Locomotion, meanwhile, comes courtesy of an engine range that used to run to four members in all, but has now been cut back to two. A 129bhp, 1.5-litre, four-cylinder BlueHDI diesel option is kept on for those who want a simple, long-range-efficient combustion option; but the alternative is now Stellantis’s new 1.2-litre petrol Hybrid 136 powertrain, which mates a specially adapted Puretech three-pot turbo petrol motor with a 48-volt hybrid system and a new six-speed twin-clutch automatic gearbox. There is no plug-in hybrid option; and all models are now two-pedal autos.

A trim derivative lineup that was once more complicated has been cut to three levels: Active, Allure and GT. At mid spec level, the cars get automatic dipping LED headlights, half-leather seats, a 10in touchscreen infotainment system and 18in wheels; but you have to go all the way to GT to get adaptive cruise control, full leather upholstery, and upholstered dashboard and a folding front passenger seat.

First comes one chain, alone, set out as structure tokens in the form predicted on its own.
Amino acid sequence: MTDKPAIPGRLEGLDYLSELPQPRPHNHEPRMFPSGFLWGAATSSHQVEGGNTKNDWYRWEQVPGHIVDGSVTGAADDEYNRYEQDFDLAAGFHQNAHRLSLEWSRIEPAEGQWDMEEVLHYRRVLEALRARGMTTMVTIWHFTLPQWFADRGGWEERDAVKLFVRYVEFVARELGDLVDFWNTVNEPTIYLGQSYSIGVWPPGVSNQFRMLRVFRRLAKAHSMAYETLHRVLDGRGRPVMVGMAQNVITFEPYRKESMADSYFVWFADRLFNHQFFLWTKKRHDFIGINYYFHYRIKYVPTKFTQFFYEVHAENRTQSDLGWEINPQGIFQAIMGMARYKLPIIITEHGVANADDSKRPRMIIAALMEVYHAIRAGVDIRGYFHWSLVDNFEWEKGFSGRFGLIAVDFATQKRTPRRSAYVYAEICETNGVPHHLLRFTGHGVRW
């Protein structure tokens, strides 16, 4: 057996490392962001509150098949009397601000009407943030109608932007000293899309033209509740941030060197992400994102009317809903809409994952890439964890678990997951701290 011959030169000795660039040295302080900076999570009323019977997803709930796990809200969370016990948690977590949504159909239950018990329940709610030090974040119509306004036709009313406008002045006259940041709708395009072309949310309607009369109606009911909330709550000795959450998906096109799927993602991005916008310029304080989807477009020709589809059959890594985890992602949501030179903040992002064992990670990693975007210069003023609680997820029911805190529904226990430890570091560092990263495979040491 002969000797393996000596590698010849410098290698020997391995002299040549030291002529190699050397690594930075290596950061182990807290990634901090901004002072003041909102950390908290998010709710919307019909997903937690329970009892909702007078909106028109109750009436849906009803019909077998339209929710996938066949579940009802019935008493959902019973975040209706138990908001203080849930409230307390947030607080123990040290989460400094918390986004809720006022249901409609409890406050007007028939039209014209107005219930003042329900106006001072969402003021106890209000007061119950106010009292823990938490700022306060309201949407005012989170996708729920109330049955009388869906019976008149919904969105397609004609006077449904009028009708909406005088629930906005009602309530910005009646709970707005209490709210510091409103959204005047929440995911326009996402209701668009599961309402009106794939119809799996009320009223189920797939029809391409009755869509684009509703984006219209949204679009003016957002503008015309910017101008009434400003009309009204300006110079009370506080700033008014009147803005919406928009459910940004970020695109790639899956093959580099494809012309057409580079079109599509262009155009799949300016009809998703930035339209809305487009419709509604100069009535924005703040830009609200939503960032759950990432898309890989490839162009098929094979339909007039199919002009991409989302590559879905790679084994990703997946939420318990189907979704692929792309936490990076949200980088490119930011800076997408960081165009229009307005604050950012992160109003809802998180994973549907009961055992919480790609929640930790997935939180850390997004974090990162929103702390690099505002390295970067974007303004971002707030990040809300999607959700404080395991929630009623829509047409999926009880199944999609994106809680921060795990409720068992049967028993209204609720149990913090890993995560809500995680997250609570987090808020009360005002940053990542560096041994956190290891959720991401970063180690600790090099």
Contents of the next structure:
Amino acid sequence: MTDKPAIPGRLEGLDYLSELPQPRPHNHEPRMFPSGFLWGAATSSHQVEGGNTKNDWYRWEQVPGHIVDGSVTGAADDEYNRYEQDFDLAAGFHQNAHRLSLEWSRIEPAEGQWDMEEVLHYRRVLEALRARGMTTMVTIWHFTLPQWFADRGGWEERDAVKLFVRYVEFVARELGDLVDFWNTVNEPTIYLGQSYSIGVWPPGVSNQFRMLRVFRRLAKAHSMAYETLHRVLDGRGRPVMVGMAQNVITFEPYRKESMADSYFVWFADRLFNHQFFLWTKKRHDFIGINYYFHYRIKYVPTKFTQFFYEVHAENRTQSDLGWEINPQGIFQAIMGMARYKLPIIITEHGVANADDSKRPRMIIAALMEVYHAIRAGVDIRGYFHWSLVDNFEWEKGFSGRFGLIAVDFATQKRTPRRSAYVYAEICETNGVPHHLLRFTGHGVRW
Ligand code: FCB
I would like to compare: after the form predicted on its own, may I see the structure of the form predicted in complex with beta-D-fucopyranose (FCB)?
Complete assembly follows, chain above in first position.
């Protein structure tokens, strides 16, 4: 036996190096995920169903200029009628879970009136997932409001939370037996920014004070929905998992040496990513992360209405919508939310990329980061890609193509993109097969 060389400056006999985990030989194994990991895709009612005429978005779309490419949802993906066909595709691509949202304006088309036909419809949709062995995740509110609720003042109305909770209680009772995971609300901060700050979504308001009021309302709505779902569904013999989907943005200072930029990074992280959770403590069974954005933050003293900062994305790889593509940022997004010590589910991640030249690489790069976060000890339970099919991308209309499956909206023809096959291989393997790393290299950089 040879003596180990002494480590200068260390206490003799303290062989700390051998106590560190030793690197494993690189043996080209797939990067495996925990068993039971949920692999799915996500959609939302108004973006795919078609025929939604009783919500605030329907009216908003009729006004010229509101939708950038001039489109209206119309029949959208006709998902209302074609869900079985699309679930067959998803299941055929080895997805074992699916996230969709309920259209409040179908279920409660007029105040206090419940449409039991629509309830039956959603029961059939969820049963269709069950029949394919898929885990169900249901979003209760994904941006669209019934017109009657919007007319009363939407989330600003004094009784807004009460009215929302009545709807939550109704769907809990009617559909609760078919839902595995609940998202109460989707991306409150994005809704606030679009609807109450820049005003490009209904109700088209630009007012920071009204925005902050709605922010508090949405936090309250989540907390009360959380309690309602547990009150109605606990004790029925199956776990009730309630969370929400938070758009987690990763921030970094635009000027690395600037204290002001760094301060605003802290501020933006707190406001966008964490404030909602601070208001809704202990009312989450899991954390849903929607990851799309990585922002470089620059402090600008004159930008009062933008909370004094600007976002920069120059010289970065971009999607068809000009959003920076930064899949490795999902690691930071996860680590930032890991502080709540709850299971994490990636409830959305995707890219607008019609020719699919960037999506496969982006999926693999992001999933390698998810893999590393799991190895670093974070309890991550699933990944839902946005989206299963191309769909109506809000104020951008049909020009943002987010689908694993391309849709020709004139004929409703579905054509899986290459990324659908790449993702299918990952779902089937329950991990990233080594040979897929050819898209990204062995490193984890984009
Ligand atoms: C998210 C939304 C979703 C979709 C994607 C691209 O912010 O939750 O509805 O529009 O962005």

INTERIOR

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Peugeot 5008 Hybrid review 2024 09 dash

The interior layout of the 5008 hasn’t changed - and so this remains quite a cleverly arranged cabin with a few reservations to observe.

The rear passenger doors open usefully wide, and the second-row seats both slide fore and aft and fold down easily. None of the rearmost five seats offer great outright space for taller adults, though, with headroom particularly limited in the case of cars with Peugeot’s panoramic glass sunroof. Legroom is better - but even so, if you’re likely to carry full-sized passengers in the second row, a Skoda Kodiaq would be roomier, and a Kia Sorento or Hyundai Sante Fe roomier again.

The steering wheel is too small for you to be able to rest your right arm comfortably on the door trim. Big cars need big steering wheels in my personal opinion; this one doesn't suit the 5008.

Up front the top-level, extra-adjustable front seats that Peugeot fits to upper-level cars do get massagers as standard; they’re worth having. The richness and perceived quality of the 5008’s cockpit is otherwise impressive; the chrome trims both look and feel high-quality, the switchgear all feels solid, and the car’s various fascia and door mouldings are nicely finished.